- Thistles are also a perfect place for insects and other pests that may attack your plants or crops, most especially insects that can damage tomatoes.
- These weeds can also suck out some of the nutrients away from your grass as well.
But how do you get rid of the stubborn thistle weeds? Below are some of the things you can do to deal with them:
In order to avoid the growth of thistles in your garden, you should first stop them from having a place to grow in first.
Pull Them Out
If thistles still grow in your garden, what you can do to manage or get rid of them is by pulling out as many of them as you can. Make sure that you are able to pull out the whole week, up to the roots. This is because if a tiny piece of a thistle survives, it can still grow back and start increasing in numbers again.
Mowing or Grazing
After managing to pull out the thistle weeds, you can now mow your lawn. This will reduce the thistle seed reserve, and it will also be able to get rid of thistles that are still at their early stage of growth. Make sure that thistles don’t grow up to bloom flowers because you will have a harder time getting rid of them. You can also cut thistles close to the ground by using a hoe.
After moving and/or grazing, you can apply herbicides. Herbicides are effective, and they are best applied during the fall, from September through October. You may want to use glyphosate, but make sure that you apply this specifically on thistle-infected areas because glyphosate will kill your plants if you accidentally apply it on them.
You can also try mulching your soil. By mulching, you will be conserving the moisture of your soil, as well as enrich it. This way, you can prevent thistle from growing in the first place.
Keep Your Lawn Thick and Re-Seed
Another way to keep thistle away is by keeping your lawn thick, and your garden well maintained. A healthy garden can discourage thistle growth. As soon as you see any thistles starting to grow, it is also advisable to pull them away as early as possible.
What birds are in my backyard?
Common backyard birds in the United States: How to attract them, how to watch them, how to identify them.
Monday, July 6, 2020
14 Tips to keep bird seed from sprouting in your lawn
It is inevitable that uneaten seeds will spill out of your bird feeders. The birds themselves may knock some of it out in all of their activity. This uneaten seed will germinate and sprout in your lawn under your feeders. How do you keep sprouting bird seed under control?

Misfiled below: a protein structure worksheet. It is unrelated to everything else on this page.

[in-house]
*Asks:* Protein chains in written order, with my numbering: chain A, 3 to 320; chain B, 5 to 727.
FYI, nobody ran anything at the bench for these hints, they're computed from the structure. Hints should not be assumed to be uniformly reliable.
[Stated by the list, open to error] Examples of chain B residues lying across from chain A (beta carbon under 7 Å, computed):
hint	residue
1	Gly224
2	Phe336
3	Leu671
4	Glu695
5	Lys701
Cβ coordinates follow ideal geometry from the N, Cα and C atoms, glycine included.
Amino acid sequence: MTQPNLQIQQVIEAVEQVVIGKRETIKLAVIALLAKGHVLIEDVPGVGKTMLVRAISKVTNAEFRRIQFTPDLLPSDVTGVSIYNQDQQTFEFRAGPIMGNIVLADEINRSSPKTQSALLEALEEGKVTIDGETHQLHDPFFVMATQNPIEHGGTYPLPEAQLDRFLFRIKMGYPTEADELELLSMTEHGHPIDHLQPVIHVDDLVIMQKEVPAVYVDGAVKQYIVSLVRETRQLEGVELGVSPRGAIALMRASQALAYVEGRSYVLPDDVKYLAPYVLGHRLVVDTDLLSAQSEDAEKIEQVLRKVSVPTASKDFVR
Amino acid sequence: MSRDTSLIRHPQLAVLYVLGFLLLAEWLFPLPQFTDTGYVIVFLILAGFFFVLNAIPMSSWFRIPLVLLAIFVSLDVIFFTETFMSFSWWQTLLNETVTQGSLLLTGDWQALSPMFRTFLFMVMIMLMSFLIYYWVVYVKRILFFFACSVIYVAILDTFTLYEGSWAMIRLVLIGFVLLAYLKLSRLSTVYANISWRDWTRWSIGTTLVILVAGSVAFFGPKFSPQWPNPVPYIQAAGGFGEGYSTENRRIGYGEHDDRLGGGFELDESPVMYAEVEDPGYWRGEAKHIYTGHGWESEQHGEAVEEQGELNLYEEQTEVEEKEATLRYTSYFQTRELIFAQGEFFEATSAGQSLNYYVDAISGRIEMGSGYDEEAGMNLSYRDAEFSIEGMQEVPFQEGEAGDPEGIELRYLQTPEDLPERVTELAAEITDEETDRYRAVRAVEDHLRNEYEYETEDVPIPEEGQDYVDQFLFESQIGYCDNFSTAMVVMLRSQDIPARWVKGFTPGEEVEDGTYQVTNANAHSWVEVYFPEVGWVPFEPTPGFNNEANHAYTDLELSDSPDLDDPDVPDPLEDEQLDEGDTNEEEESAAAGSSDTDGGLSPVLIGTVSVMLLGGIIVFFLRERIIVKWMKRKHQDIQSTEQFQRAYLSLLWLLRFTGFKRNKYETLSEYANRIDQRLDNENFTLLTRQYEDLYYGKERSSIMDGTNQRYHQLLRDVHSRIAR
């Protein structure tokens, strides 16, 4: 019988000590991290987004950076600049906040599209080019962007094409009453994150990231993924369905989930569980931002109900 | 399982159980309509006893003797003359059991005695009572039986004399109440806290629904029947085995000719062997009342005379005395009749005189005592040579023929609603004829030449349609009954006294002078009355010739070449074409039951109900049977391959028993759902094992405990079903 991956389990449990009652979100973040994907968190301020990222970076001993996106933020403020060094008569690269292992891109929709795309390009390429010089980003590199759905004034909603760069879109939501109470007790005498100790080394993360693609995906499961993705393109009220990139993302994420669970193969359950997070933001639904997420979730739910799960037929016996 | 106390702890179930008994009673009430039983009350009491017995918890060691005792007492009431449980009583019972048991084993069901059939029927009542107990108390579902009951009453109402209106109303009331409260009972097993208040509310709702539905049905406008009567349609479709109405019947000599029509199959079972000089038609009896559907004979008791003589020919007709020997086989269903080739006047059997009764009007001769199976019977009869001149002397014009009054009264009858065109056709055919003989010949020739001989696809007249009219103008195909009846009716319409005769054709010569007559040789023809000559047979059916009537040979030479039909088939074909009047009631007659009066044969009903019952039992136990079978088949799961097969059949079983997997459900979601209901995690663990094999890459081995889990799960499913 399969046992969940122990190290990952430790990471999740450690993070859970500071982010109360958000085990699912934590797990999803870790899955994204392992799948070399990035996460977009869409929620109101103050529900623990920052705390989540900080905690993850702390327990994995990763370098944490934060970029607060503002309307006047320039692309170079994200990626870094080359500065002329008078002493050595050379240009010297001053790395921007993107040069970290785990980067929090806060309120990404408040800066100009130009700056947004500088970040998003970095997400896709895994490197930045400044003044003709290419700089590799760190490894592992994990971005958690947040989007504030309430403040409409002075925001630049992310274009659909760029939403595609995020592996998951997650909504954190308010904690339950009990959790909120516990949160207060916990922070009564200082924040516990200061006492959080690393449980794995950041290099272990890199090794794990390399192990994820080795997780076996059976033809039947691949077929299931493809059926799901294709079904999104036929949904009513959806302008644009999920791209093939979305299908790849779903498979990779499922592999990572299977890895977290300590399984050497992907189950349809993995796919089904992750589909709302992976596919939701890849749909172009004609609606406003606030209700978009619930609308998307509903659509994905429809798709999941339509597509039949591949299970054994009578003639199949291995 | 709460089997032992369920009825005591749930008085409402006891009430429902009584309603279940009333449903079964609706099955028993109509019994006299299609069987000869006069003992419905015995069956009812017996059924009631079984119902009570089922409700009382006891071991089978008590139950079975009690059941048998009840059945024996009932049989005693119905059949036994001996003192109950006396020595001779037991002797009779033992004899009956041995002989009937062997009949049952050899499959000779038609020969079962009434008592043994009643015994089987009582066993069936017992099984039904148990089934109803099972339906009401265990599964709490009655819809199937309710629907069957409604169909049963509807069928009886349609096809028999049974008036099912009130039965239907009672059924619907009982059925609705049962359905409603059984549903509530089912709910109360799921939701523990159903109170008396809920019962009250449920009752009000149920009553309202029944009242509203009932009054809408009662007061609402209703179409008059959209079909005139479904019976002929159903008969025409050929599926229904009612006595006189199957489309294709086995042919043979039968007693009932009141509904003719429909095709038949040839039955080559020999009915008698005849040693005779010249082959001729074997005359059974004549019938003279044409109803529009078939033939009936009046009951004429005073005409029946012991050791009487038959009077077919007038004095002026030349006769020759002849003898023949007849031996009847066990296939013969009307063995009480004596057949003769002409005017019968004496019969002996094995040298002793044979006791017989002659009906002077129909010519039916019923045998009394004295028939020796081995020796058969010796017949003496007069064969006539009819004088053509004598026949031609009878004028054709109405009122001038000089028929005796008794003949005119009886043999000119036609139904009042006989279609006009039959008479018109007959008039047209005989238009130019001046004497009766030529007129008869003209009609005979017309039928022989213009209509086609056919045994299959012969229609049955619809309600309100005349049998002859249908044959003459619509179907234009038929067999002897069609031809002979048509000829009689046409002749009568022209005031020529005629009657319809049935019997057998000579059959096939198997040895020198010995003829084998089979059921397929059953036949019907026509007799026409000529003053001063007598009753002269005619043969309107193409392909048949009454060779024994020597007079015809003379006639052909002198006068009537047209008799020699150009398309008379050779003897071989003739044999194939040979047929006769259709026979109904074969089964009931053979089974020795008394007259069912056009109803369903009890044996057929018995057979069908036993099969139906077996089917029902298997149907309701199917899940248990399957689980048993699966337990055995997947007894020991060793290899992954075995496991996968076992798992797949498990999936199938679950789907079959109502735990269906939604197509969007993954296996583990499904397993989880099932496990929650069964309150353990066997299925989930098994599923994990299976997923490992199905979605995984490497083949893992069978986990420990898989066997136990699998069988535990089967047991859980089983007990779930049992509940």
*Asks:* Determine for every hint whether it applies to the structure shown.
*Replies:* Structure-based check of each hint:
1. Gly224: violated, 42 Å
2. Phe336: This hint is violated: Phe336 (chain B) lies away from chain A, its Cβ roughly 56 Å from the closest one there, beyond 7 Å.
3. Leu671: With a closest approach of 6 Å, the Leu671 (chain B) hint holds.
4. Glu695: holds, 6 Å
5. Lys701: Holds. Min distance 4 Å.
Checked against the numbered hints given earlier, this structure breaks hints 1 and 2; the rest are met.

You can keep bird seed from sprouting by changing your seeds, changing your feeder, and changing your landscaping using the 14 tips that follow.
First, let’s find out a bit about the seeds in the birdseed! What is it?
Almost all bird seed will sprout. If an unwanted plant is defined as a weed, then bird seed that sprouts is a weed. Some sprouting bird seed may look like grass at first. But bird seeds grow into whatever seed you are feeding: sunflowers, millet, wheat, milo, flax, rapeseed, canary seed. How do you keep bird seed from growing under your feeder?
Change your seeds
Sterilized seeds are heated so that they die. If they fall on the ground they will not germinate and sprout.
Tip 1) Feed Niger seed (thistle)
Niger is not really thistle. This plant seed is also sold under the trademark name Nyjer. It does not germinate and sprout in your lawn–for one very good reason.
In 2001 the USDA required imported Niger seed for birds to be sterilized for 15 minutes at 120˚ C (248˚ F). This sterilizes the seeds.
Since it is sterilized it will not sprout under your bird feeder. This is a favorite food of small finches such as goldfinches, siskins, and house finches.
Tip 2) Sterilize your own seeds
The Niger seed is the only bird seed you are likely to find that has been sterilized. But you can sterilize your own bird seed the very same way. Baking bird seed will stop it from sprouting.
Spread bird seed on a flat baking sheet that has a lip all the way around. Preheat your conventional oven to 250˚ F. Place the baking sheet with bird seed in the oven and bake for 15 minutes.
Alternatively, I have seed directions to place 5 pounds of bird seed into a paper sack and cook in the microwave on High for 5 minutes. I have also heard some people have accidentally burned their bird seed this way. So try it for lesser amounts of time. Then put it in wet conditions (e.g., damp paper towel in bottom of a glass) for 7 days and see if it sprouts or not.
This sounds like way too much work, though. How about some other ideas?
Feed only seeds that birds like
Just like you, birds have a preference of foods they like. They get up on the feeder and scratch through the mixed seeds, searching for their favorite food.
Many types of mixed bird seed contains filler: cheap seeds that most birds don’t like. Birds toss aside the undesirable seed, often on the ground. This discarded bird seed is likely to sprout.
Tip 3) Feed one type of bird seed in separate feeders
Feeding one type of seed in each feeder will result in birds only visiting the feeder with their favorite foods. They’ll eat this seed, not throw it away. Thus, less bird seed will fall on the ground to sprout.
This tip doesn’t stop accidental spillage. It stops birds from throwing away seeds they don’t like.
Tip 4) Buy fresh bird seed